Next on the list is a rifle designed for hard hitting accuracy. As I’ve said earlier, I’m a fan of .30 cals, and the .308Win in particular (I’m also a .30-06 fan as well), and that is the caliber I’d choose simply because it’s still an issued US military cartridge, and like the .223/5.56, it’s widely available. No one is going to argue the long range accuracy and effectiveness of the .308Win. There’s a reason it’s still the issue machine gun and sniper rifle cartridge. Whether you choose a semi-auto or a bolt gun is up to you, but a number so semi-auto rifles available are as accurate as a lot of bolt guns. Here again, as with the pistols. If your choice of compact rifle has a larger counterpart, it makes logistics sense to get the same operating system with the same mag type (M1A, AR10, etc).

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Top to bottom” Match M1A .308Win, Mossberg 590A1, AKMS 7.62×39, Glock G21 .45ACP (left), AMT Backup .45ACP (center), Glock G30 .45ACP (right). All firearms in this selection can use cast lead reloaded bullets if necessary.

Now we’ve gotten to the shotgun. It’s hard to get more versatile than the shotgun. The variety and type of loads that can be fired from the shotgun cannot be topped by any other type of handheld long gun. Buckshot, birdshot, slugs, less lethal, less than lethal, flares, and “Shellcracker rounds” are a few of the types available for the shotgun. I have been using shotguns for hunting since I was 12 when I carried it my first year deer hunting. The shotgun is equally good at hunting or defense (it excels at close quarters defense). Although it’s not something I would put at the top of the list, I also would not leave it off if I had a choice in the matter. I prefer pump action shotguns, but some modern semi-autos are pretty decent (won’t cycle the non full poer shells though), and should not be overlooked.

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Top to bottom: Match M1A .308Win, Mossberg 590A1, M4 AR15, Beretta M9 9mm (left), Keltec P3AT .380ACP (center), Keltec PF9 9mm (right)

One advantage of the Mossberg 590 that is pictured in this post, is the fact that it will accept an M16 type bayonet. “Why is that important for a survival weapon?” you ask. “Why not?” is my answer. I understand that bayonet charges are not in vogue these days, but this isn’t about a bayonet charge. This is about your position being overrun, and maybe not having the ability to exit the premises. Having that pointy tip on the end of a 9 shot riot gun that can effectively engage bad guys at 100 meters with slugs can’t hurt, can it? What makes the grass grow?

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Top to bottom: Mossberg 500 12 Gauge with 18 inch defense and 26 inch hunting barrels, Ruger Gunsite Scout rifle .308Win, Marlin 880SQ .22LR, S&W M29 .44 Magnum revolver (left), Taurus M94 .22LR revolver (right). The firearms here are primarily hunting arms.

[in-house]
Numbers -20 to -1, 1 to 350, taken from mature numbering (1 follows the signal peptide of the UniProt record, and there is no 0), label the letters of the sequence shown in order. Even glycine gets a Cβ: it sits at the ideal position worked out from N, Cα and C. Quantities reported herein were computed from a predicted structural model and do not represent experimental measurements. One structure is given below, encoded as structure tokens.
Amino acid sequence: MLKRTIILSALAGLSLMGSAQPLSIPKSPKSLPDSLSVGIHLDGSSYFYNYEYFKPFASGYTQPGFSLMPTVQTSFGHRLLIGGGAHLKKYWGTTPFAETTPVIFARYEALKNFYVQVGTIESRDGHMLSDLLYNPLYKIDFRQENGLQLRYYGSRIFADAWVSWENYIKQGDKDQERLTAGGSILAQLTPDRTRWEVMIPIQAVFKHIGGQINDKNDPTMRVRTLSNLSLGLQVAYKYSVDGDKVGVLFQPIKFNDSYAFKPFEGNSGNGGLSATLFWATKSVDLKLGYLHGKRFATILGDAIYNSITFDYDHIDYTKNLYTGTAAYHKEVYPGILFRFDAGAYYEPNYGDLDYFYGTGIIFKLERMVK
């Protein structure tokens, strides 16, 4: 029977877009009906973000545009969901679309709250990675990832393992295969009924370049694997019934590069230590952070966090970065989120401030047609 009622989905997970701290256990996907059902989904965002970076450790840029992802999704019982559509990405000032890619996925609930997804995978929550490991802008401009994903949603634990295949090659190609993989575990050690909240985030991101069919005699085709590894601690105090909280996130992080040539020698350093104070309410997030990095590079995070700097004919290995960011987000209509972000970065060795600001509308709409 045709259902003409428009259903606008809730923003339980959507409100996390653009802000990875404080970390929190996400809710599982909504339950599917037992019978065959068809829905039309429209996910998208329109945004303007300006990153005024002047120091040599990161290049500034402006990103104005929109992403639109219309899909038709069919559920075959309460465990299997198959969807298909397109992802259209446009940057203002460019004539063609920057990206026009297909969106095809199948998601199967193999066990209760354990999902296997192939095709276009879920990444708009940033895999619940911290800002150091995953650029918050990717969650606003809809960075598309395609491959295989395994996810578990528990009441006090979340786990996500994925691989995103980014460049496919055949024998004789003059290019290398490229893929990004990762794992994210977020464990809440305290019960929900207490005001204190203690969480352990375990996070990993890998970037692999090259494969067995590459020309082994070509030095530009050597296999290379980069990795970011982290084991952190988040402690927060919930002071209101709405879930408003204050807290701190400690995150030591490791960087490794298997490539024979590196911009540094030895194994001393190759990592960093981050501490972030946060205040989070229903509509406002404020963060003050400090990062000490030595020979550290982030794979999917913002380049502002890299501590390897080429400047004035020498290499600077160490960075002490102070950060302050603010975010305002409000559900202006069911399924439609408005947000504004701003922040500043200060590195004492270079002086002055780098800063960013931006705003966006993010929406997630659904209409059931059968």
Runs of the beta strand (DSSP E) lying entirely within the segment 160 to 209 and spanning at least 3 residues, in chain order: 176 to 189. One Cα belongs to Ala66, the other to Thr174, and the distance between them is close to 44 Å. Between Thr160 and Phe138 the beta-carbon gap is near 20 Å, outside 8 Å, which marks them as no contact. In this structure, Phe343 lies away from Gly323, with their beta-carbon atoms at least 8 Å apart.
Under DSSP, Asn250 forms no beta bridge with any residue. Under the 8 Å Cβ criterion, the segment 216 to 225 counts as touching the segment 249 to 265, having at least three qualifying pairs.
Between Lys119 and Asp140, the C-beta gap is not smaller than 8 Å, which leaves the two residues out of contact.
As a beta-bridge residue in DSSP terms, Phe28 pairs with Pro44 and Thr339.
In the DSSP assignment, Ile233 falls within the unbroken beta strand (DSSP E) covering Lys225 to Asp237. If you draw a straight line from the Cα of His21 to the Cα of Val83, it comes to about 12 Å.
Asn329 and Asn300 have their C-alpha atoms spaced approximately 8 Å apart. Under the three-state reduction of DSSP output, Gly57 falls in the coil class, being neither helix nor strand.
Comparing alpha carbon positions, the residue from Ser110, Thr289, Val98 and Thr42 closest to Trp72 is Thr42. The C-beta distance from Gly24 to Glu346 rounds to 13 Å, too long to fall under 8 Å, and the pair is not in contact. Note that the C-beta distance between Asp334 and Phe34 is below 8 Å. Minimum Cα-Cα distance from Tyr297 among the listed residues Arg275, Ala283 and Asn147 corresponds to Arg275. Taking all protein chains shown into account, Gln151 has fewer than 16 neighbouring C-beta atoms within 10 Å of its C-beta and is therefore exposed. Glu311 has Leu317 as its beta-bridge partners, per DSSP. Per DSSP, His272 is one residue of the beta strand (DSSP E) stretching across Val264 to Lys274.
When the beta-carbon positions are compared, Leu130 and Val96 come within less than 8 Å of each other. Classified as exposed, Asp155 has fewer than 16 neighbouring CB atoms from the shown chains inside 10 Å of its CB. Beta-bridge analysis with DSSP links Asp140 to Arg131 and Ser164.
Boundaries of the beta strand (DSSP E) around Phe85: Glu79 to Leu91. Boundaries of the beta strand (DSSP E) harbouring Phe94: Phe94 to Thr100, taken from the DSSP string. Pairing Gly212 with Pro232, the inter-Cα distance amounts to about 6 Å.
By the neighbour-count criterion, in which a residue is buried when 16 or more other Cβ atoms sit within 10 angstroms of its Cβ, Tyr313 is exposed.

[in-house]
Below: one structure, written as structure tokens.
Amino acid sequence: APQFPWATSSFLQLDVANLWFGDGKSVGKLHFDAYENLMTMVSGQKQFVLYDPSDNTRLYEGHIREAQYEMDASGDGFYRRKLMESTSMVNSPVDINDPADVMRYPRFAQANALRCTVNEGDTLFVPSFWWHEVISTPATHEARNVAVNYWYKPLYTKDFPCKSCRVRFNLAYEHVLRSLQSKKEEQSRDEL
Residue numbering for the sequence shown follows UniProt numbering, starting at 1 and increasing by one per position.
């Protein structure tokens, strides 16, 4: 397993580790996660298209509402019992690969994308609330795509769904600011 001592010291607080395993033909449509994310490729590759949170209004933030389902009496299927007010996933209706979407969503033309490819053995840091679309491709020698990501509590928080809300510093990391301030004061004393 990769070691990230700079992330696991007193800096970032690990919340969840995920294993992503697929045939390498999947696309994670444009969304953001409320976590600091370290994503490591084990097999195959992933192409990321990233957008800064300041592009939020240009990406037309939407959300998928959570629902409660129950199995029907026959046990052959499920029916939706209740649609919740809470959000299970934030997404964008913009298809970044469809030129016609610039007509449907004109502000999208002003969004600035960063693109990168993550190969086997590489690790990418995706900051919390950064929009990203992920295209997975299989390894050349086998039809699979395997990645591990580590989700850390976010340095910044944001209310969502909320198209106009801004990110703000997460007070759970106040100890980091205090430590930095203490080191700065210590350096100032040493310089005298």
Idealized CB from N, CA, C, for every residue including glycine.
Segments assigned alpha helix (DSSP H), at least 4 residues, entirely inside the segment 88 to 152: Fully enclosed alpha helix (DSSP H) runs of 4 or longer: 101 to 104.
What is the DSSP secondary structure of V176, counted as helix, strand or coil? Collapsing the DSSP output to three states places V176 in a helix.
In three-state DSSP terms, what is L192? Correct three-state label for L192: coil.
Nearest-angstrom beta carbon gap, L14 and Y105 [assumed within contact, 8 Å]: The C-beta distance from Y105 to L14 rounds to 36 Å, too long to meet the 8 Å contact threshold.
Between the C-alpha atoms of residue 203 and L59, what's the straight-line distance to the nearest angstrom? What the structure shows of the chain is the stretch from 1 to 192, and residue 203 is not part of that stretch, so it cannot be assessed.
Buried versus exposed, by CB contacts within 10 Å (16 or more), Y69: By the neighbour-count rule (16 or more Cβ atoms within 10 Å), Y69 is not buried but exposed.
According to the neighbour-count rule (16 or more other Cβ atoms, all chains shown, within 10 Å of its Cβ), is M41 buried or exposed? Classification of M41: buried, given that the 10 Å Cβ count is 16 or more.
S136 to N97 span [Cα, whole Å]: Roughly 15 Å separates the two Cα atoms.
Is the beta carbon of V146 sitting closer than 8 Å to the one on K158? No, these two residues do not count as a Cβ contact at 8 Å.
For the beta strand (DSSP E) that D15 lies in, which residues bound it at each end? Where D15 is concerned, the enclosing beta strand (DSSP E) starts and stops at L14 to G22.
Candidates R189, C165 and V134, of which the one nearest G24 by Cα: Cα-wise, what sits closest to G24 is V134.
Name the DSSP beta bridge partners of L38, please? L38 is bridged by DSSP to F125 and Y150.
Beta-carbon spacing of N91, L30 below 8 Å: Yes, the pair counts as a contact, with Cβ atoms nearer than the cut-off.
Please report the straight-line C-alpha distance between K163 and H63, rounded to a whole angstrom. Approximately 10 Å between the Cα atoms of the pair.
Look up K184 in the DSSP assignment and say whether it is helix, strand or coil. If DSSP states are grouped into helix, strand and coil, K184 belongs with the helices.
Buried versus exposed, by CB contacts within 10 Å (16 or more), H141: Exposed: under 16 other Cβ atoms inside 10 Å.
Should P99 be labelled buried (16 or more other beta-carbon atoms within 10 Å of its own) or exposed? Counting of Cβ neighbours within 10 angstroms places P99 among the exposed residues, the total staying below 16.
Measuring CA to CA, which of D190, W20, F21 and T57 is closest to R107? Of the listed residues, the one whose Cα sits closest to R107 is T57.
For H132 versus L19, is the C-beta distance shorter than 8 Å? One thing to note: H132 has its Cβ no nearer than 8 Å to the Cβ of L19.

Small and some medium sized game can effectively be taken with a good, accurate .22LR rifle. Although it can effectively kill most small and medium sized game (fox and coyotes, etc.), killing the bigger animals efficiently generally needs optimal conditions. Optimal conditions is not something that you should plan in a TEOTWAWKISTAN scenario. The .22 rifle is great for small game, but there’s a reason hunting small game with a shotgun might be necessary. You could be tired, hurt, and/or starving, and using the shotgun might be the only way you’ll hit the mark on a rabbit bent on running a 2 minute mile.

First Fox

12 years old, 35 lb. fox shot through the head at 70 yards with a Springfield 1922 .22LR

The Last firearm on my list is a .22LR pistol. Although there are a number of good, accurate .22’s on the market, I choose a revolver, simply because it will fire all types of .22 ammo (Long Rifle, Long, Short, CB caps) as a repeater. This “kit gun” type of small revolver can be an effective small game killer (I kill squirrel with it regularly), and works well for running a trap line or dispatching downed big game. It’s not a necessity, but is really nice to have for certain purposes.

On a separate, but equally valid note, I am a big fan of combo guns. My first gun was a Savage M24V .223Rem/20 Gauge, and it was used for everything from squirrel to deer till I bought my next gun 5 years later. I picked that model because I believed it was the single most versatile survival gun available, and the rifle caliber was the same as the M16A1. Use of a combo gun along with caliber adapters (upcoming post) makes it even more versatile, and for survival hunting, it’s hard to beat.


Left is the Remington Model SPR94 Spartan 12 Gauge/.308Win. Right is the Savage M24V Series D .223Rem/20 Gauge.

There you have it, my choice for a “Survivalist Battery”. It works for me, and that’s what I try to give you in this blog, my experiences. Your opinion may vary, but make sure you think worst case scenario through as much as possible before you dismiss it.